Page:Behemoth 1889.djvu/121

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*A. He gave them a flat denial, not only of the militia, but also of the Prince’s residence about London. After which they presently fell to voting as followeth: first, That this his Majesty’s answer was a denial of the militia. 2. That those that advised his Majesty to it were enemies to the State. 3. That such parts of this kingdom, as had put themselves into a posture of defence, had done nothing but what was justifiable.

B. What is it which they called a posture of defence?*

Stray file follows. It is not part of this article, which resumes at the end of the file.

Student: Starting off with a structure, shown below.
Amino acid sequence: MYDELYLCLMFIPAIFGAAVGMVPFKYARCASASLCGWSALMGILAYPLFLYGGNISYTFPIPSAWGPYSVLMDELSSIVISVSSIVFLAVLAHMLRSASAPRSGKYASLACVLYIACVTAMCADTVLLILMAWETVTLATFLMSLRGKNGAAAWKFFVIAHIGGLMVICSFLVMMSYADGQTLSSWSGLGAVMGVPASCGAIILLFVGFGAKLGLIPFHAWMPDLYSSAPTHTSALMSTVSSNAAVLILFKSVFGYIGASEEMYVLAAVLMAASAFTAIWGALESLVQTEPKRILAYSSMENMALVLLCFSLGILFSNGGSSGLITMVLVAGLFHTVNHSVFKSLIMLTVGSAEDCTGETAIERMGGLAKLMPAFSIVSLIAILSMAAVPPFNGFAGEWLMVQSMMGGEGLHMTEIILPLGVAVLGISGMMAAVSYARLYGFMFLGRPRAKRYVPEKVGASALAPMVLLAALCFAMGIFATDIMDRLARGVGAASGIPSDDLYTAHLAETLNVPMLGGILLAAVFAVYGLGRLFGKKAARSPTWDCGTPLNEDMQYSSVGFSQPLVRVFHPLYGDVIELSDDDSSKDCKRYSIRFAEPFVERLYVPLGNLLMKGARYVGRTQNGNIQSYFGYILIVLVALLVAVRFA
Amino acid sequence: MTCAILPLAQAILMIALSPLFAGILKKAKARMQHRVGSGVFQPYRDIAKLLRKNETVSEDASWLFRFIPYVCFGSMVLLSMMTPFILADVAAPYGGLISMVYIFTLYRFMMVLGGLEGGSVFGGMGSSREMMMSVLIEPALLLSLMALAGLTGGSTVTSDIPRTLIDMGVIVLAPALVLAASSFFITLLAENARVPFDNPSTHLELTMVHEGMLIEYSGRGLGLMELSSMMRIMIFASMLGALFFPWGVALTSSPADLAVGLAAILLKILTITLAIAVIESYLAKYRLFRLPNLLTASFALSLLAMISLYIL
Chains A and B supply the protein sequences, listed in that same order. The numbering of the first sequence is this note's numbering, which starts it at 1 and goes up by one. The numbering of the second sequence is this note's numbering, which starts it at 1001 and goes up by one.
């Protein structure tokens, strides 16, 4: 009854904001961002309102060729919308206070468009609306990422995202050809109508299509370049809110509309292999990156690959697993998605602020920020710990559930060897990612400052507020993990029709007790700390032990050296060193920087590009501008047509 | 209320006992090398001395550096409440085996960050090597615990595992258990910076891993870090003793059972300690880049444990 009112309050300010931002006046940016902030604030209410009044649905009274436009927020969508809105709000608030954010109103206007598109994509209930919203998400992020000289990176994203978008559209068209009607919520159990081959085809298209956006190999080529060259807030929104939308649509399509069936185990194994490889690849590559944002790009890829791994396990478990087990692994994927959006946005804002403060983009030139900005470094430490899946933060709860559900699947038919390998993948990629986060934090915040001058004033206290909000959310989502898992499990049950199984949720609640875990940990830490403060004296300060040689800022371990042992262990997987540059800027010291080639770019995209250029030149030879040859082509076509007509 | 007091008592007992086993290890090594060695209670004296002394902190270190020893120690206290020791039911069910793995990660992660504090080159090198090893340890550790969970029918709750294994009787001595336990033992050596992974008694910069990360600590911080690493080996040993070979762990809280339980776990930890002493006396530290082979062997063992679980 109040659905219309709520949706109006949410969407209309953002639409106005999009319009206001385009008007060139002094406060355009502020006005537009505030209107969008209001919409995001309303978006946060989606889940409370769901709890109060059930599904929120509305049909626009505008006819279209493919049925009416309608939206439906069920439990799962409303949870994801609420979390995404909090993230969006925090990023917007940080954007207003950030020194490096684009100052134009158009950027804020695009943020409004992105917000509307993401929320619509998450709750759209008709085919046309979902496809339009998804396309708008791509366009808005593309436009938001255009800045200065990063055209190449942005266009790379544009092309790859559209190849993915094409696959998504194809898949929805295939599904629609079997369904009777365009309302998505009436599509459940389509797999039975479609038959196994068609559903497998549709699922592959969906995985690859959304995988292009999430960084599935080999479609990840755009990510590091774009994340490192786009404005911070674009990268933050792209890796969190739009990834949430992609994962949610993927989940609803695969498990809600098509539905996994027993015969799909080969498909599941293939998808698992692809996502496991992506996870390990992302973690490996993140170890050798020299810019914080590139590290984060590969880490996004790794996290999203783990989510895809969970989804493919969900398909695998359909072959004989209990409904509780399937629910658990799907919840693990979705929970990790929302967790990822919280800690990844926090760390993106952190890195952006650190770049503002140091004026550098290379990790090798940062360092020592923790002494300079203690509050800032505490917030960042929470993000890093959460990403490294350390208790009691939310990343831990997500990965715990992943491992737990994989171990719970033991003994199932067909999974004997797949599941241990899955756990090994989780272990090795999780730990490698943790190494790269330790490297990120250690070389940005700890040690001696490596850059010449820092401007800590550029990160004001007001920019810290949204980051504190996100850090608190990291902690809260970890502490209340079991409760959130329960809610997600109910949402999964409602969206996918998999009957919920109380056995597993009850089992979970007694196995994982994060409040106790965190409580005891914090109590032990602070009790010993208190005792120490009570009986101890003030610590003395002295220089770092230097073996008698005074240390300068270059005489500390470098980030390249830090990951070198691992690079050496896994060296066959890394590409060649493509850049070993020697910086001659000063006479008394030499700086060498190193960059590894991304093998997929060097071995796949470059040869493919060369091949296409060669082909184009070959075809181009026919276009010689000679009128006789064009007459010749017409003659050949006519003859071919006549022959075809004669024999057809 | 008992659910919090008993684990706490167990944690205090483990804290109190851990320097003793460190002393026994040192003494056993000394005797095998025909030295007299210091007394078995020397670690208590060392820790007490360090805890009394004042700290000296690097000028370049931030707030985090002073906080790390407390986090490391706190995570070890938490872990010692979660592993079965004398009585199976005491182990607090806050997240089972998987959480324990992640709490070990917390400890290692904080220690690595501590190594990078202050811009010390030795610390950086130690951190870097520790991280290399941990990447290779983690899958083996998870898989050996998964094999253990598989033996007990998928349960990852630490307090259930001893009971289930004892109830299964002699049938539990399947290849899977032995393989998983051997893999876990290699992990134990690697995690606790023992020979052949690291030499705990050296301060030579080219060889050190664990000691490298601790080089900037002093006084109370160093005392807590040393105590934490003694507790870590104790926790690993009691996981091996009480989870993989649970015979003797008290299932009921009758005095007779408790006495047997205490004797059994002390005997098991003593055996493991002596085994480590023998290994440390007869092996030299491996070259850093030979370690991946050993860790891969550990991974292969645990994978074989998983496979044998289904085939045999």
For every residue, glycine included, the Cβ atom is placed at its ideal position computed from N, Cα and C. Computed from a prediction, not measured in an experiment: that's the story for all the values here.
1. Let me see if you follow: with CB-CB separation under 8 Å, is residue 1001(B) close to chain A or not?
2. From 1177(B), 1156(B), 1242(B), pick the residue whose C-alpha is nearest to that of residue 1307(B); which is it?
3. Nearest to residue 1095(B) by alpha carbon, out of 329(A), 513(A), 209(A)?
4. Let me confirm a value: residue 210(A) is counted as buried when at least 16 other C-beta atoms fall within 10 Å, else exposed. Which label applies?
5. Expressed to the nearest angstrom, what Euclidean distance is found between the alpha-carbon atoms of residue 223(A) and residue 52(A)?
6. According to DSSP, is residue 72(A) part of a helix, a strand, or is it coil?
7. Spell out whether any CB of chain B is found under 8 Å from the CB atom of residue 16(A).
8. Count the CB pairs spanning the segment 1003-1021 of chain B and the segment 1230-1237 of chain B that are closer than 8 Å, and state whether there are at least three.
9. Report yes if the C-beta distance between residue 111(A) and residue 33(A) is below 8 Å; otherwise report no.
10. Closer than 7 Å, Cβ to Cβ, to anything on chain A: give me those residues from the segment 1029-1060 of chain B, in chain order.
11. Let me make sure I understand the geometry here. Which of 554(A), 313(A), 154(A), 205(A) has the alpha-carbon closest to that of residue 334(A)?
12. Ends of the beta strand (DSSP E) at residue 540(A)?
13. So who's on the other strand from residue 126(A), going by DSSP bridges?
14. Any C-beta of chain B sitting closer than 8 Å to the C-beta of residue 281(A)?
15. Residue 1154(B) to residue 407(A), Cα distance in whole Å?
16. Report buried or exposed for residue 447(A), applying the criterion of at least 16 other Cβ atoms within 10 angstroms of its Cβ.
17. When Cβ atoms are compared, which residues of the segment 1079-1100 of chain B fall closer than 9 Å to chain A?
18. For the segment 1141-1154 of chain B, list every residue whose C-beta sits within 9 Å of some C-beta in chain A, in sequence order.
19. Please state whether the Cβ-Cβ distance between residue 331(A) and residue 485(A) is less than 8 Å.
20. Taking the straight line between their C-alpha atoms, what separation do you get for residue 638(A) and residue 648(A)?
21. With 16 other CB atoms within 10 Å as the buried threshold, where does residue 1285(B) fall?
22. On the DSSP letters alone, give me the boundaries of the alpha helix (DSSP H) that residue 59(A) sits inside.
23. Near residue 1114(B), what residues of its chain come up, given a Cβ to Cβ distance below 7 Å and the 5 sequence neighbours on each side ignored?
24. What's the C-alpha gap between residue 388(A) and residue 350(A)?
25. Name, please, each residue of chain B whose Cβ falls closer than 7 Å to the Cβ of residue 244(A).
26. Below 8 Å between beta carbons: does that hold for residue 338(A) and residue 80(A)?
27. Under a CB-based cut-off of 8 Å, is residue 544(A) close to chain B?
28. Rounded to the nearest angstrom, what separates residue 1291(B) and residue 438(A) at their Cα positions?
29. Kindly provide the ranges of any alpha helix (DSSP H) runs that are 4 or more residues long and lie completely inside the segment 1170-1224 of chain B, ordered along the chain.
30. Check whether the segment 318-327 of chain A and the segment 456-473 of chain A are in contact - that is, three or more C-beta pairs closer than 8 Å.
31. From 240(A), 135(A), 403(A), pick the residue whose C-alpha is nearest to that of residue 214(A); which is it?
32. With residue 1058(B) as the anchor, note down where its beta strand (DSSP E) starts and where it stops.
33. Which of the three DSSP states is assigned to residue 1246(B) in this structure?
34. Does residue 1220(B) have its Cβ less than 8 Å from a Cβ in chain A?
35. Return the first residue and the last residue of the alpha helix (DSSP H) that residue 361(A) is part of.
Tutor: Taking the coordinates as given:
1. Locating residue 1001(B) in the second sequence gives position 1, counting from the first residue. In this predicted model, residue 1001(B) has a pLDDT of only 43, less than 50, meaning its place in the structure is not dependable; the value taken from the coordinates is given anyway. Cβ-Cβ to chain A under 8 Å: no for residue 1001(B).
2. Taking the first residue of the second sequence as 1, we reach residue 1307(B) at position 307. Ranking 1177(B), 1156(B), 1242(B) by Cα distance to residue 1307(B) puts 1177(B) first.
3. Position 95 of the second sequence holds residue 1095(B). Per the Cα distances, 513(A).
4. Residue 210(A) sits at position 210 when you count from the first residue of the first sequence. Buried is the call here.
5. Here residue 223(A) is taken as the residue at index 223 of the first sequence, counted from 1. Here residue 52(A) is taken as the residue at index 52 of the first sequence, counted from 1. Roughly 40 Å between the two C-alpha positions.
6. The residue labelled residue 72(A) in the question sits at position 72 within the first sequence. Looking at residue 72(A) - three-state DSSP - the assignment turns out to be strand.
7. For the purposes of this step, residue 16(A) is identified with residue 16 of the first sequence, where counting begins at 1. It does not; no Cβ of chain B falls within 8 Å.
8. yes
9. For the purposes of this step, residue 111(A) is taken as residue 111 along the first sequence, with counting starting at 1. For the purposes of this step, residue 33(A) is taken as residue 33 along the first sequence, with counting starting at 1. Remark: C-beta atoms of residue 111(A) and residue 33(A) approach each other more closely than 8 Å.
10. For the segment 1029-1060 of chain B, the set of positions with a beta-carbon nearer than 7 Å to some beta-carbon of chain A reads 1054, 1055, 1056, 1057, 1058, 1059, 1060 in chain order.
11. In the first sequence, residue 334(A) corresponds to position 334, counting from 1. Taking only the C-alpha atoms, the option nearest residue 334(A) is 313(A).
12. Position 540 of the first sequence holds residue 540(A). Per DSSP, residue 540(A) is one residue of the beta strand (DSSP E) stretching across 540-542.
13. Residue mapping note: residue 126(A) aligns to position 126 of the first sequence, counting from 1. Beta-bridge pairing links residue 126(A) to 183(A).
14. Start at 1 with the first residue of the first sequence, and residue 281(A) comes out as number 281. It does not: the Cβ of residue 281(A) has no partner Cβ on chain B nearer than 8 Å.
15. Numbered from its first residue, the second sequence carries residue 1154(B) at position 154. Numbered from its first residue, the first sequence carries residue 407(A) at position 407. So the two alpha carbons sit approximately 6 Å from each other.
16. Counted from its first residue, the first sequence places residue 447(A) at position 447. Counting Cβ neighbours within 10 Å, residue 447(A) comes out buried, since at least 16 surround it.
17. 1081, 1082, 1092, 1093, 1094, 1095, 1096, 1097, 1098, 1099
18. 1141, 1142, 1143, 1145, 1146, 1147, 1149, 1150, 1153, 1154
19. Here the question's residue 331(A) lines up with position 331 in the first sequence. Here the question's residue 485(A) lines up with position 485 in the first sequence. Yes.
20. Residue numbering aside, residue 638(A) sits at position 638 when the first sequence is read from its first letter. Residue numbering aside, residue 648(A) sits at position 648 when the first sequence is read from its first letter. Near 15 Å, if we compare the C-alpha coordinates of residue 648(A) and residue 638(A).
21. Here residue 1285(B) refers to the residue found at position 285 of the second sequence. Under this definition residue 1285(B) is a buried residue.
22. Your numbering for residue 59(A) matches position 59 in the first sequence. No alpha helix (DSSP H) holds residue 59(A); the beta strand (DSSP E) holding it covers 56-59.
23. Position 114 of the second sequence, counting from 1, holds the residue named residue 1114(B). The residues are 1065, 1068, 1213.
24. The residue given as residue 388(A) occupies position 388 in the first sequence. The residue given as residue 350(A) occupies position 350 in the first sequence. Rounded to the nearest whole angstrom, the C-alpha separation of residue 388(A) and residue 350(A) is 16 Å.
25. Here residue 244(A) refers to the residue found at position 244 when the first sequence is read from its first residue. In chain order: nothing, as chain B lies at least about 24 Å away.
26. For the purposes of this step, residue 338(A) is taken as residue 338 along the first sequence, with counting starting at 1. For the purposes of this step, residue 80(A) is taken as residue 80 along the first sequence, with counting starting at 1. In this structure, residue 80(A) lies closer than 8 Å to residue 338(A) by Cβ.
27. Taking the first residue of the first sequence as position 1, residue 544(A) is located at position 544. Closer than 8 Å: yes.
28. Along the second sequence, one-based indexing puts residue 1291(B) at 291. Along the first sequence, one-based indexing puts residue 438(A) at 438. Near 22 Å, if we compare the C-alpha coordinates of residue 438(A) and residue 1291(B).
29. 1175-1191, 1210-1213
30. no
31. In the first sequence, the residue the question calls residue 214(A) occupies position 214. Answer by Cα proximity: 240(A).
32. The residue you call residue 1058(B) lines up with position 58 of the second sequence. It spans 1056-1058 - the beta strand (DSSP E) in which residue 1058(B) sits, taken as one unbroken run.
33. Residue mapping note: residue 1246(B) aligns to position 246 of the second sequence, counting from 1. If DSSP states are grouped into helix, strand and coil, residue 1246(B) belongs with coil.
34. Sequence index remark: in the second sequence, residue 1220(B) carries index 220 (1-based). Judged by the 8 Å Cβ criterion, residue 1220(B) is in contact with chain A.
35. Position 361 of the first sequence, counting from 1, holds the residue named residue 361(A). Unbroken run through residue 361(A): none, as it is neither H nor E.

A. It was a putting of themselves into arms, and under officers such as the Parliament should approve of. 4. They vote that his Majesty should be again desired that the Prince might continue about London. Lastly, they vote a declaration to be sent to his Majesty by both the Houses; wherein they accuse his Majesty of a design of altering religion, though not directly him, but them that counselled him; whom they also accused of being the inviters and fomenters of the Scotch war, and framers of the rebellion in Ireland; and upbraid the King again for accusing the Lord Kimbolton and the five members, and of being privy to the purpose of bringing up his army, which was raised against the Scots, to be employed against the Parliament. To which his Majesty sent his answer from Newmarket. Whereupon it was resolved by both Houses, that in this case of extreme danger and of his Majesty’s refusal, the ordinance agreed upon by both Houses for the militia doth oblige the people by the fundamental laws of this kingdom; and also, that whosoever shall execute any power over the militia, by colour of any commission of lieutenancy, without consent of both Houses of Parliament, shall be accounted a disturber of the peace of the kingdom. Whereupon his Majesty sent a message to both Houses from Huntingdon, requiring obedience to the laws established, and prohibiting all subjects, upon pretence of their ordinance, to execute anything concerning the militia which is not by those laws warranted. Upon this, the Parliament vote a standing to their former votes; as also, that when the Lords and Commons in Par-